Due to recurrent fever and persistent polyarticular swelling and pain, the patient was admitted to our department in June 2020. Physical examination showed swelling and tenderness in the proximal interphalangeal, metacarpophalangeal, wrist, elbow, knee, ankle, and metatarsophalangeal joints, and she was uncooperative with the Patrick’s test. Laboratory tests revealed a white blood cell count of 15.32 × 109/L, haemoglobin level of 91.8 g/L, platelet count of 676.8 × 109/L, serum ferritin level of 1,103.8 U/L, erythrocyte sedimentation rate (ESR) of 85.00 mm/h, c-reactive protein (CRP) level of 146.00 g/L, significantly elevated cytokine IL-6 level at 287.95 pg/ml, alanine transaminase level of 53.3 U/L, and albumin level of 26 g/L. Blood creatinine level was within normal ranges. Results for rheumatoid factor, antinuclear antibody, anti-cyclic citrullinated peptides, and human leukocyte antigen B27 were negative. Joint ultrasound suggested effusion in both the wrist joints and knee joints, synovial hyperplasia, and thickening of articular cartilage in both the knee joints as well as enlarged lymph nodes in the bilateral neck and groin. The patient was diagnosed with sJIA after infection, tumour, and other febrile diseases were ruled out, with a 27-joint Juvenile Arthritis Disease Activity Score (JADAS-27) of 56.5, indicating high disease activity. After obtaining parental consent, the patient was started on a regimen including TCZ (8 mg/kg/2 weeks, IV), ibuprofen suspension (4 ml/three times/day, orally), and methotrexate (7.5 mg/week, orally). After 1 day of treatment, the patient's fever subsided, and arthritis symptoms improved.

Thereafter, the patient received TCZ once every 2 weeks, and her condition continued to improve, with no recurrence of fever and steady improvement in her arthritic symptoms. However, repeat laboratory tests in September 2020 (after six infusions of TCZ) suggested that some cytokines remained at high levels( Tab.)and that the CRP level was elevated (14.1 mg/L, normal: < 6 mg/L). At this point, the patient was more resistant to repeated intravenous infusions, and her parents indicated that financial constraints might prevent them from continuing to afford TCZ treatment. We considered JAK inhibitors, which have the effect of inhibiting multiple cytokines including IL-6 and which have been shown to be effective in the treatment of adult rheumatoid arthritis (RA). Therefore, we chose the more economical and convenient tofacitinib (2.5 mg/twice/day) to replace the TCZ, whereas the other treatment regimens remained unchanged. After 5 months, the patient's arthritic symptoms disappeared, and the levels of acute phase reactants and cytokines decreased to normal ranges, indicating complete remission based on the JADAS-27(Fig. 1A and B and C).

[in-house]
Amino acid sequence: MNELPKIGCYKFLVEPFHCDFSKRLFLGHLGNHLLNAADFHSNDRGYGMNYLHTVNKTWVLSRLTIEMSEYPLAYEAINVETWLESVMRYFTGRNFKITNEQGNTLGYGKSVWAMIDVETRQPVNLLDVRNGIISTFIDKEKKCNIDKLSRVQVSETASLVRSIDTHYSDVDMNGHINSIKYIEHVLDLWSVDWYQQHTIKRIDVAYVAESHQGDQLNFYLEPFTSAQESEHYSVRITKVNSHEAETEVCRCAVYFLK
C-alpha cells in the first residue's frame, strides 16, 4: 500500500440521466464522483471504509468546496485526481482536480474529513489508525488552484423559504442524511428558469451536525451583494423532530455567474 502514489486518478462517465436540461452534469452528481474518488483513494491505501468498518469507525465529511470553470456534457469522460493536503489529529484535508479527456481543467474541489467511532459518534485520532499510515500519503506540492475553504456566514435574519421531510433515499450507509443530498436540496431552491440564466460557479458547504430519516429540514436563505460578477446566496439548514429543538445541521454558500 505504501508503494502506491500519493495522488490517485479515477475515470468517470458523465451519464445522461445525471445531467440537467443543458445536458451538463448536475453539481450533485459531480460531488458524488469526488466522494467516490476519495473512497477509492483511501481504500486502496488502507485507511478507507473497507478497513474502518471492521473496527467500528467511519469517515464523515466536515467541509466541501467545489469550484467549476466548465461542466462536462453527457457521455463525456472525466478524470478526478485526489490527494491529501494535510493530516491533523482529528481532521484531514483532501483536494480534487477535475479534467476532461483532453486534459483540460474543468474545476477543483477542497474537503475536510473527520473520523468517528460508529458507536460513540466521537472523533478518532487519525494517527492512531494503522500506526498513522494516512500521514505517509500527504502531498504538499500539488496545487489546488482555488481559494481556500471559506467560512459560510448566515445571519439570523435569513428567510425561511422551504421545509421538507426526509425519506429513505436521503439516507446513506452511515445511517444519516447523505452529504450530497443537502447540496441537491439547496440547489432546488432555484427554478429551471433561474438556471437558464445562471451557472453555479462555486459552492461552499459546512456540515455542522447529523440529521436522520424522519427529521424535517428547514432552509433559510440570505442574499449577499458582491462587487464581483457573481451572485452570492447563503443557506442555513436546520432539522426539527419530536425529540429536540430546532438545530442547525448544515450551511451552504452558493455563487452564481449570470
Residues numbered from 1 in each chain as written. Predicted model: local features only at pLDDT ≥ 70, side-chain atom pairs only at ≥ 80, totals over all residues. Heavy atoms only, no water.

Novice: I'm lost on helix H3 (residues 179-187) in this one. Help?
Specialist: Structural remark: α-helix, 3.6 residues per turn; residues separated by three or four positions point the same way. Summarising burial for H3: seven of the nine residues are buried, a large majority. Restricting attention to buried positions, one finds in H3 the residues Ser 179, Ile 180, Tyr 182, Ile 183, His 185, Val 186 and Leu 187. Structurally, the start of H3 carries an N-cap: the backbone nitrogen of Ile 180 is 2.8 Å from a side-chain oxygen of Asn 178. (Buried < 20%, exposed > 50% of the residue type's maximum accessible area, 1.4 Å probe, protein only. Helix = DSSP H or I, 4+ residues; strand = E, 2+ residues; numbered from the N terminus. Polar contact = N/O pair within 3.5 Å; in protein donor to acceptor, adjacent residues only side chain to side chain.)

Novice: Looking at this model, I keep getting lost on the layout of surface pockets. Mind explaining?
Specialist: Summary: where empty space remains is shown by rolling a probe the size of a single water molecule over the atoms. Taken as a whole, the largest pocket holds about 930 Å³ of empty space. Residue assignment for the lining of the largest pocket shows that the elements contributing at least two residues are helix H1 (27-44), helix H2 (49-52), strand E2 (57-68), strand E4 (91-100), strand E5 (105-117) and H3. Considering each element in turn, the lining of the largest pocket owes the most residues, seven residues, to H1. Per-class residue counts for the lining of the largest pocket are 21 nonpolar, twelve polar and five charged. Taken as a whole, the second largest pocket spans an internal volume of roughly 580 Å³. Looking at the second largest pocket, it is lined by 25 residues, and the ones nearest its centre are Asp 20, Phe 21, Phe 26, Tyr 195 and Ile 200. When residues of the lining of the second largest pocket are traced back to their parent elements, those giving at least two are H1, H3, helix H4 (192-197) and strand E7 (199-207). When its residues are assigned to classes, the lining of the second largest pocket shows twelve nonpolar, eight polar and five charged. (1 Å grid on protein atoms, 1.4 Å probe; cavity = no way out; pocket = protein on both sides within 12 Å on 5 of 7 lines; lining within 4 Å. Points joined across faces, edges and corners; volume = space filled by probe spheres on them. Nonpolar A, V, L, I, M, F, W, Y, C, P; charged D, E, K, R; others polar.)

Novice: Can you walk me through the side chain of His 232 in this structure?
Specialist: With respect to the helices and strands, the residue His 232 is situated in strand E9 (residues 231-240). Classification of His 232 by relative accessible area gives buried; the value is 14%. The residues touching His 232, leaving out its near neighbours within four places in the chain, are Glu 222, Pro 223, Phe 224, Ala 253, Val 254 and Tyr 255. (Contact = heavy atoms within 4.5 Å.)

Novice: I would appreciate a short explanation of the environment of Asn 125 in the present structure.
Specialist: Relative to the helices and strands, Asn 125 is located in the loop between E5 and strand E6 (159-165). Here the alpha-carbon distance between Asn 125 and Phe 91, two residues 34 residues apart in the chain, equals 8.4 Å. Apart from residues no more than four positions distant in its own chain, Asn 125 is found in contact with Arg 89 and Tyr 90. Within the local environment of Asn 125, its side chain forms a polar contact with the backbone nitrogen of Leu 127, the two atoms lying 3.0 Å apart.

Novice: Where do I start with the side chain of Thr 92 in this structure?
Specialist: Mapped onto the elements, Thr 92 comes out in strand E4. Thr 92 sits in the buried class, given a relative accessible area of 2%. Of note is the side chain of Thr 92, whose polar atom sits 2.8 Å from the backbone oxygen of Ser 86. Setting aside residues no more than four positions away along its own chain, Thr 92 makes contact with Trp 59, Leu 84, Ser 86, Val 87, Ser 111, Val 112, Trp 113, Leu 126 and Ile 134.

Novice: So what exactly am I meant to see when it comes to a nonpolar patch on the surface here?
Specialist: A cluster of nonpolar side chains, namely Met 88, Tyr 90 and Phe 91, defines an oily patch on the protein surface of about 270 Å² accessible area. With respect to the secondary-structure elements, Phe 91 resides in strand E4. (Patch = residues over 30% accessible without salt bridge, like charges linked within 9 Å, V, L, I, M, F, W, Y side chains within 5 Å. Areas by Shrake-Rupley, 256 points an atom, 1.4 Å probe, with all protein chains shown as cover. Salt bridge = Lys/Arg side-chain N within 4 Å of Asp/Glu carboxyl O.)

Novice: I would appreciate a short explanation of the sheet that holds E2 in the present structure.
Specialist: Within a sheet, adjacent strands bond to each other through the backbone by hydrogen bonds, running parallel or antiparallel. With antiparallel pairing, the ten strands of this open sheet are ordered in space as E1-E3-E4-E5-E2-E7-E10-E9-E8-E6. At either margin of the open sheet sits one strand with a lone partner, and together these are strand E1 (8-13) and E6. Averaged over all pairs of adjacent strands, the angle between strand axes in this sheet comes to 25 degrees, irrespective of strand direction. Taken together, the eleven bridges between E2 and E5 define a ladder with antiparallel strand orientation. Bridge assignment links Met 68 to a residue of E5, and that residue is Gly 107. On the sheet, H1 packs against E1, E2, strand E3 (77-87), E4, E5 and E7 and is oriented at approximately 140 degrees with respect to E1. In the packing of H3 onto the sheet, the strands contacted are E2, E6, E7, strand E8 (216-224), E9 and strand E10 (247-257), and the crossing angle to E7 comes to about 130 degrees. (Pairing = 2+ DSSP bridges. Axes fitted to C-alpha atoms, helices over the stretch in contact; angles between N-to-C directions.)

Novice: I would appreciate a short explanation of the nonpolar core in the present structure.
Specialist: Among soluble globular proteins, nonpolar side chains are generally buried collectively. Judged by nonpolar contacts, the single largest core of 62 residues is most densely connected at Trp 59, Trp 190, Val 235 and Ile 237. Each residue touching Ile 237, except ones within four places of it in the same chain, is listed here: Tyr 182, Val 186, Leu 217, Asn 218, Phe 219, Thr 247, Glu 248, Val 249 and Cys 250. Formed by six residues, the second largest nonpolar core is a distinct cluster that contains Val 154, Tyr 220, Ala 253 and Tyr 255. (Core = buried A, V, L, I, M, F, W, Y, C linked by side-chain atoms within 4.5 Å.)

The patient subsequently presented with mild swelling and pain in some joints in May 2021 due to upper respiratory tract infection. Laboratory tests revealed increased levels of acute phase reactants (ESR: 50 mm/h, CRP: 127 mg/L) and increased cytokine levels (IL-6: 39.29 pg/ml; sIL-2R: 1,714 pg/ml). However, after hospitalisation and one intravenous dose of TCZ and switch to oral tofacitinib, the patient's symptoms resolved rapidly, and her condition was stable at follow-up as of March 2022. Overall, the efficacy of sequential tofacitinib treatment after TCZ was remarkable in this patient.


Abnormalities of the innate immune system in sJIA lead to activation of immunoreactive cells and release of pro-inflammatory ILs, such as IL-1, IL-6, IL-18, and TNF-α, and they tend to be innate auto-inflammatory diseases [3]. TCZ, a recombinant humanised anti-human IL-6 receptor monoclonal antibody, has been shown to be effective [4, 5] for treating sJIA. After the patient had had recurrent fever for 8 months ago, she was successfully treated with TCZ with remarkable outcomes and no adverse events.

Despite the positive efficacy of TCZ in our case of sJIA, the family considered that TCZ was expensive and rejected the long-term intravenous regimen. They wished to switch to a more economical, convenient, and effective drug for maintenance treatment. The patient's laboratory tests suggested abnormal levels of inflammatory markers, such as elevated levels of TNF-α, sIL-2R, IL-6, IL-4, IL-17, IL-10, and other cytokines, with IL-6 level particularly being significantly elevated[2]. In our previous clinical practice, we successfully treated one patient each with childhood scleritis and panniculitis with sequential tofacitinib, and both these patients were followed up for more than 2 years with stable disease outcomes; therefore, we tried to use tofacitinib as a sequential drug. As of the December 2021 follow-up, the patient in this study experienced slight recurrence after upper respiratory tract infection, but after one intravenous infusion of TCZ treatment, sequential tofacitinib treatment was continued, and the disease was smoothly controlled with no adverse effects.